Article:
MySQL client-side module
User interface for configuring application settings and displaying query results.

The SSH server runs in a remote network and is visible from the Internet. The database (MySQL) server runs in the same network as the SSH server and may not be visible from the Internet.

The process of performing secure data exchange between SecureMySQLClient and the Database server goes as follows:

The SSH client module negotiates a secure connection to the SSH server and establishes forwarding from some local port to the remote MySQL server.
The MySQL client module connects to the listening port opened by the SSH client module.
The SSH client and server set up a logical tunnel for the accepted connection.
The MySQL client sends SELECT to the port opened by the SSH client module, which encrypts it and sends it to the SSH server. The SSH server decrypts the request and sends it to the MySQL server.
The SSH server receives a response from the MySQL server, encrypts it and sends it back to the SSH client, which decrypts it and passes it to the MySQL client module.

Looks too complex? Implementing this is easier than you think.So, let’s go and do it.

We will need the following products installed on the computer before creating the application:

Microsoft Visual Studio .NET 2003, 2005 or 2008.
EldoS SecureBlackbox (.NET edition). Can be downloaded from
http://www.eldos.com/sbbdev/download.php.
MySQL .NET Connector. Can be downloaded from
http://www.mysql.com/products/connector/net/.

Let’s now open Microsoft Visual Studio .NET (we will use the 2005 version) and try to build such an application from scratch.

After the GUI design has been finished, we can go on with the business logic code itself. First, adding references to the following assemblies to our project:

SecureBlackbox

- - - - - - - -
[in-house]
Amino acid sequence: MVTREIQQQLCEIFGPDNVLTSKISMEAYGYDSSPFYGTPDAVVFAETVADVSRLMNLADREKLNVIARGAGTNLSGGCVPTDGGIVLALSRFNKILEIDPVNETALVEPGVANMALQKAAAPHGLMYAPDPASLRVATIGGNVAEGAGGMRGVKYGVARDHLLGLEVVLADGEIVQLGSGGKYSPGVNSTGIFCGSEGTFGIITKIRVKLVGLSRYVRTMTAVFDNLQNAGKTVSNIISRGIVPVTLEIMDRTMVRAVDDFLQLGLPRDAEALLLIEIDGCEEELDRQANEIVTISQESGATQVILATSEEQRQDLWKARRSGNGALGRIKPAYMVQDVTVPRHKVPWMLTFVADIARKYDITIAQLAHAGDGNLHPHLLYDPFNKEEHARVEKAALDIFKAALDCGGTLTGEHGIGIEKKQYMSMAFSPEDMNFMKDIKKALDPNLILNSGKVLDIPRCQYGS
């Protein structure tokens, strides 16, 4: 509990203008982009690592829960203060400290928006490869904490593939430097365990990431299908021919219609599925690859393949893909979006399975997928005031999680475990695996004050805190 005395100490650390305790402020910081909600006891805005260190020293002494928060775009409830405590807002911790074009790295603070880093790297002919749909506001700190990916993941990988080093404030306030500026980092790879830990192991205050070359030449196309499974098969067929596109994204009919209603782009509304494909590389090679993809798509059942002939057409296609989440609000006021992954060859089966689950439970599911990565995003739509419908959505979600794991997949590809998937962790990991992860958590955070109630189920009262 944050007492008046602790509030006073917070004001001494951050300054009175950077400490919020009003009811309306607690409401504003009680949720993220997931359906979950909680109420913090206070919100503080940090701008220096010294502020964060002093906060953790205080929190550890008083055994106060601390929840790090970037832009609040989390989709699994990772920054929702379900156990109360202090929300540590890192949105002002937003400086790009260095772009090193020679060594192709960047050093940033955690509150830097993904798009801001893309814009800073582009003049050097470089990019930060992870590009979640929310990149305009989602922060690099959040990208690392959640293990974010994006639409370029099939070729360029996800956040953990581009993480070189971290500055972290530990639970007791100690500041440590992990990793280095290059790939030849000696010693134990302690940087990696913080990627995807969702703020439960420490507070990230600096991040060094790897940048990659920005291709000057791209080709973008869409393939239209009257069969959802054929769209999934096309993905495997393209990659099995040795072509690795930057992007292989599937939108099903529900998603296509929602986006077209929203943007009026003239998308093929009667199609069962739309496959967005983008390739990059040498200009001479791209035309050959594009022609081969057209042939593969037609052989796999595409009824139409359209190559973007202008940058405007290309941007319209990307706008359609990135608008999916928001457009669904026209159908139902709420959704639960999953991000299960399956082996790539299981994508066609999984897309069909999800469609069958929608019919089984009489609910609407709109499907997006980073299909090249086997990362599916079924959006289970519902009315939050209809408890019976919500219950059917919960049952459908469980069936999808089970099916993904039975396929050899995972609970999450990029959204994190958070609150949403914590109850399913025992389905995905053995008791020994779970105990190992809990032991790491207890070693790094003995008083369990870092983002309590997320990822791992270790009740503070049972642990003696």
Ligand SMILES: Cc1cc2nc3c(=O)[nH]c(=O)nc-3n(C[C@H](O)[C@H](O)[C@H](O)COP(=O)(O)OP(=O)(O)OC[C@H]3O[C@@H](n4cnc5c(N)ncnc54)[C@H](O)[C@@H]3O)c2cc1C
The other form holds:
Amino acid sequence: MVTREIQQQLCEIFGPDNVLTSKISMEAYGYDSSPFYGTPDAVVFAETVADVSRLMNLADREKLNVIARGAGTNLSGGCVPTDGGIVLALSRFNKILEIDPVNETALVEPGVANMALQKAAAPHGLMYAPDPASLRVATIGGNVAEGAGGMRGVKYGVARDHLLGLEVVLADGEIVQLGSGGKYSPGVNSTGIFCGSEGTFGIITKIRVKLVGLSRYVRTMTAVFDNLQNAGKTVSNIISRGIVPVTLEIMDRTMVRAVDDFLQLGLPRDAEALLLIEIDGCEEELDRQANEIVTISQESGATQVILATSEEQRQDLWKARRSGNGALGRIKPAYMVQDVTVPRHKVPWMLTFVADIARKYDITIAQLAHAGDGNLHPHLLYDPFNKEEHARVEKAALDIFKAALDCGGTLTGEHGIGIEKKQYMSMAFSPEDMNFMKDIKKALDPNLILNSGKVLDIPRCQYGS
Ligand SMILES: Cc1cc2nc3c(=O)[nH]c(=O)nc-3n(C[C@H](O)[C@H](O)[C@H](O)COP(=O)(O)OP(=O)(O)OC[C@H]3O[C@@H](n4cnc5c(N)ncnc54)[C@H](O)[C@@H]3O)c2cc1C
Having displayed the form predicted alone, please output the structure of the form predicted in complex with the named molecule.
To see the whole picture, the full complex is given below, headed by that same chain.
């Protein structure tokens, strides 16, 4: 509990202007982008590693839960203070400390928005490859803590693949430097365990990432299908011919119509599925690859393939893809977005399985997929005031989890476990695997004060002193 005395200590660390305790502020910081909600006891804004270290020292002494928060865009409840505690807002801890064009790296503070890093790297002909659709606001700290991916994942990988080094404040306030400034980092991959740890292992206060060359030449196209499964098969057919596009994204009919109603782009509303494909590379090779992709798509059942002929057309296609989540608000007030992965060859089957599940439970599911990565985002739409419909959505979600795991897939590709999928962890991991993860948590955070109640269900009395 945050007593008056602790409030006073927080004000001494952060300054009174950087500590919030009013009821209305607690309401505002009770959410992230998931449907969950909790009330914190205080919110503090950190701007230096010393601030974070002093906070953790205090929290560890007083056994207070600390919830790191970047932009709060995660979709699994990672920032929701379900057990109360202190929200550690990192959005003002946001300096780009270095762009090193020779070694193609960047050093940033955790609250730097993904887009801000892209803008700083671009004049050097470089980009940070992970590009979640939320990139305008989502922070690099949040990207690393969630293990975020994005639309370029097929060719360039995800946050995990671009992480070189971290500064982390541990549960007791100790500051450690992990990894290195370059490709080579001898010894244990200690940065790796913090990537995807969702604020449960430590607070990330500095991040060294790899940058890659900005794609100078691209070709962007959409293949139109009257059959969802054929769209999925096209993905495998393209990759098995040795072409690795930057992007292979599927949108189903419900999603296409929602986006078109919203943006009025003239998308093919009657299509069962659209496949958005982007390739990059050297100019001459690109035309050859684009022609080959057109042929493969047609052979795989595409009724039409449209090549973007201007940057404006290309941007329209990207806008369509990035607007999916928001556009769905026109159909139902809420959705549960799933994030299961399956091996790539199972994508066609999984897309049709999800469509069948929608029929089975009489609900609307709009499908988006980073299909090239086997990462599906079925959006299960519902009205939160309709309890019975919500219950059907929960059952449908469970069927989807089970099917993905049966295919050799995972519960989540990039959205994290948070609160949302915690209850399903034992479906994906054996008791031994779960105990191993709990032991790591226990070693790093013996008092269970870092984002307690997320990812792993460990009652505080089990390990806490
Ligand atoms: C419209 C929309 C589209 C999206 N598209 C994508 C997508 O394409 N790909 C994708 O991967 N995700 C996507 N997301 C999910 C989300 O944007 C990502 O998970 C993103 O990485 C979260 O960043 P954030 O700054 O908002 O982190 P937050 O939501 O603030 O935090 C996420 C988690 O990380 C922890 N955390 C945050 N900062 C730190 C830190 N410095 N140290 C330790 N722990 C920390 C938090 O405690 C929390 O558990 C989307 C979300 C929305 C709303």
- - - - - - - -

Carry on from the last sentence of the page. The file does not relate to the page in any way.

SecureBlackbox.PKI (only in SecureBlackbox 5. SecureBlackbox 6 doesn’t have this assembly)
SecureBlackbox.SSHClient
SecureBlackbox.SSHCommon
MySql.Data

SSHForwarding notifies us about certain situations via its events, so we need to create handlers for some of them:

OnAuthenticationSuccess – Is fired when the client authentication process has been completed.
OnAuthenticationFailed – Is fired if the client was unable to authenticate using particular authentication method. In general, this does not mean that the authentication process completely failed – the client may try several authentication methods consequently and one of them may succeed.
OnError – Is fired if some protocol error occurs during the session. Usually this leads to a connection closure. The exact error can be detected via the error code passed to it.
OnKeyValidate – Is used to pass the received server key to the application. Please note that incorrect handling of this event may result in a serious security breach. The handler of this event should verify that the passed key corresponds to the remote server (and warn the user if it does not). If the key is valid, the handler should set the Validate parameter to true. The sample does not perform key checkup for the sake of simplicity.
OnOpen – Is fired when the SSH connection is established and the component is ready to tunnel data. We will use the handler of this event to kick the MySQL client component.
OnClose – Is fired when the SSH connection is closed.
OnConnectionOpen – Is fired when a new tunnel is created. The corresponding tunneled connection object is passed as parameter.
OnConnectionClose – Is fired when an existing tunnel is closed.

Implementing two core methods, SetupSSHConnection() and RunQuery(). The first one initializes the SSHForwarding object and establishes an SSH session to the remote server by calling its Open() method, and the second one sends the query to the MySQL server.
The code of the SetupSSHConnection() method is pretty simple:
private void SetupSSHConnection()
{

Pin It on Pinterest